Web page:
Pocket knife... what for? By all means do (I often put in a Swiss Army Knife but truth be told it's rarely needed), but you don't need it.

    Water, re-use a plastic pop bottle or two.

    What I'm trying to get across is going for a simple walk isn't anything that needs special kit. Walk in full winter conditions up rocky mountains and that's a different game, but the people you see walking around country parks dressed for K2 are not actually needing that!

    Pete.

  3. #3
    ‹bermensch Jim Parkin's Avatar
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    Yes to everything Peter has said.

    Walking isn't difficult or magic, and Aldi and Decathlon for example do kit that's sometimes silly prices (for example a few months ago, I ended up with an Aldi cycling softshell after wandering in for 4-pints of milk and came out with both and change for £8 - it's pretty good for my commute).

    I often wear polycotton trousers (which are windproof) over cheap decathlon running tights.

    If you do go somewhere where getting lost would be a problem, then you need to be able to read the map in the rain or fog, so a waterproof mapcase is a good idea. As is getting experience of reading a map and fitting the contours to the landscape in good conditions. ]

    Practice when it's nice and have fun, and then as you get experience, you can see what works for you and get the confidence to try more challenging walks. You can then think of spending money on kit because it's nice and improves your enjoyment, not because it's vital - obviously if you're intending to walk into the Cairngorm plateau in mid winter wearing tracksuit bottoms and a pac-a-mac, then that's a different question, but say walking around a loch in the summer, that would generally be fine.

  4. #4
    Widdler
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    Firstly thanks for the replies. I know I said easy walks maybe I should be a bit more clearer we will be looking to get well of the beaten track for up to 5-6 hours at a time at the kids ages we won't be tackling any Munro's as such at the moment but would like to do walks that are challenging none the less. I would much rather be over prepared than under prepared as my wife and kids are everything to me so want to cover all bases. Will definitely keep an eye Aldi and Lidl as I agree that some of the stuff is good quality at good prices.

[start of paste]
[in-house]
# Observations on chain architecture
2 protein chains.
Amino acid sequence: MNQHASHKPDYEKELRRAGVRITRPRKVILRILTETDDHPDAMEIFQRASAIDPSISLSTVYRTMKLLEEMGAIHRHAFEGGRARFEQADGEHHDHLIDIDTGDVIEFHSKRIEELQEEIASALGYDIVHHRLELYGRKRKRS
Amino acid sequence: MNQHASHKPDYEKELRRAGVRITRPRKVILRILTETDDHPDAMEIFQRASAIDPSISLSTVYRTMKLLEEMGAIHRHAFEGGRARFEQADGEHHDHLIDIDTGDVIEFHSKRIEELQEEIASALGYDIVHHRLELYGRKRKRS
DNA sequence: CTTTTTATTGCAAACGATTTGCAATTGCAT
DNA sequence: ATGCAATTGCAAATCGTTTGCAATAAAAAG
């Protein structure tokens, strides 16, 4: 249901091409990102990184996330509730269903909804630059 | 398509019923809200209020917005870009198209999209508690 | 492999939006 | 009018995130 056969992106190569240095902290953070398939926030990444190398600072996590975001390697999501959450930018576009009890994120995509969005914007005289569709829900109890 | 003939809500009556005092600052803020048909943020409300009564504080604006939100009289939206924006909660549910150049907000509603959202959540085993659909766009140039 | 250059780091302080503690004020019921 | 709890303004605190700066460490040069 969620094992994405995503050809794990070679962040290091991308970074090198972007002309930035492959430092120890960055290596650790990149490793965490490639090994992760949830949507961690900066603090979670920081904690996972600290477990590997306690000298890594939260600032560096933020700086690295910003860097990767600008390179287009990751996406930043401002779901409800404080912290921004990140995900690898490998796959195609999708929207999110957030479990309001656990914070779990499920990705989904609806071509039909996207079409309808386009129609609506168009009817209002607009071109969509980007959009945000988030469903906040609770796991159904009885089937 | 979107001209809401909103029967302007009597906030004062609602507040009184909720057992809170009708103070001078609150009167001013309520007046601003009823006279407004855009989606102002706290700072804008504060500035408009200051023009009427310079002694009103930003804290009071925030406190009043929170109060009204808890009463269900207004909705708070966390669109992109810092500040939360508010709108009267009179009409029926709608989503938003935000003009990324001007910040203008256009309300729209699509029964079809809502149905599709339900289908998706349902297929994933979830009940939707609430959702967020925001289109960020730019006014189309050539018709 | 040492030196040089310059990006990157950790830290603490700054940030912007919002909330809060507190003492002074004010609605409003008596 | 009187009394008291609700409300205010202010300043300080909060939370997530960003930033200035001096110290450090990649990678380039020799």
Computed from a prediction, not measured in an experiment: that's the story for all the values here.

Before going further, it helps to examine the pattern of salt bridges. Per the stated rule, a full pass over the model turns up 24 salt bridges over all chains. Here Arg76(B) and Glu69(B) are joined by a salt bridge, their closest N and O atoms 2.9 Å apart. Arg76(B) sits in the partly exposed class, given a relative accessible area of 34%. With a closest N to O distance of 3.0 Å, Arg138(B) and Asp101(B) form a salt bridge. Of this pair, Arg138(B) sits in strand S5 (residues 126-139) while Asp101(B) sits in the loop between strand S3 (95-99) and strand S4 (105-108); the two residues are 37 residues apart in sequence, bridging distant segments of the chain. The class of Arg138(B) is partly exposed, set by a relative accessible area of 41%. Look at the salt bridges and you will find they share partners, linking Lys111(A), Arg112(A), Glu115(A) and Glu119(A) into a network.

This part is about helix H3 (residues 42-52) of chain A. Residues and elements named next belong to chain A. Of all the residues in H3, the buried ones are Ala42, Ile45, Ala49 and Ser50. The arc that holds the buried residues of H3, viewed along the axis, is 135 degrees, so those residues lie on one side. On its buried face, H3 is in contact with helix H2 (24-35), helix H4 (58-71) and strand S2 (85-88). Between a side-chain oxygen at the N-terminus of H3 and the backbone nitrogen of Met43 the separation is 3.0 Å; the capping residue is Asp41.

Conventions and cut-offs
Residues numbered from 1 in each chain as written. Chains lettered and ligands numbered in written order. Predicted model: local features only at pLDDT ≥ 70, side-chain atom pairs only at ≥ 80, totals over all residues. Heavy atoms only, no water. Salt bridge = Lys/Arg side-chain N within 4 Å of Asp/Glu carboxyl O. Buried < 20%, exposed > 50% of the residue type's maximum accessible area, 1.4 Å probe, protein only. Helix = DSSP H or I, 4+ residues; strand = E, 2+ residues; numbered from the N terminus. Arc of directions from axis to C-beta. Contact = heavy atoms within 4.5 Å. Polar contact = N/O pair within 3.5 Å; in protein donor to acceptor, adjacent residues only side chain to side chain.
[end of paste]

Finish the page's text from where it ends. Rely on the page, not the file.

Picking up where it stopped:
5. #5
    Initiate
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    Decathlon and Uniqlo do good stuff at great prices. Many items are used by some of us with loads of experience. No need to spend £££ unless you're concerned with how you look on the high street....

  6. #6
    Widdler
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    Quote Originally Posted by redscotti View Post
    Decathlon and Uniqlo do good stuff at great prices. Many items are used by some of us with loads of experience. No need to spend £££ unless you're concerned with how you look on the high street....
    Never been concerned about looks, always about practicality, the wife on the other hand.

  7. #7
    Mini Goon
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    Quote Originally Posted by redscotti View Post
    No need to spend £££ unless you're concerned with how you look on the high street....
    Got some Decathlon gear & can say hand on heart I wear some of it everyday. However I have spent £££ on PHD down wear & it never gets worn outside of overnight mountain use. Maybe I'm not experienced enough &/or that statement is wrong.

  8. #8
    Mini Goon
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    Quote Originally Posted by Jim Parkin View Post
    Walking isn't difficult or magic, and Aldi and Decathlon for example do kit that's sometimes silly prices (for example a few months ago, I ended up with an Aldi cycling softshell after wandering in for 4-pints of milk and came out with both and change for £8 - it's pretty good for my commute).
    Aye - Aldi's padded winter cycling winter tights have been great this winter for the commute. Look like they will last a good while of regular use & washing. Their led lights also been good. I use the rear one for the commute & & have a front & rear as backups.

  9. #9
    Quote Originally Posted by Peter Clinch View Post
    Flashlight, if you've got a smartphone you've got a light. Better is a head-torch with LED light source as they're tough, light and last for ages. Cheap ones available for a few pounds from all sorts of places.
    Good advice here. A head torch is just easier. Hands in pockets, hands free to do otherwise.

    Like Pete says, the main thing is to keep it simple and get going. Esp if you've already been going on walks--little by little you may find something you can't live without, but get the kiddos on the trail and iterate a bit while you're having fun.
    Ryan T.
    "Good things come to those who bait" GearLobo
    "My biggest fear is that after I die, my wife will sell my gear for what I told her I paid for it"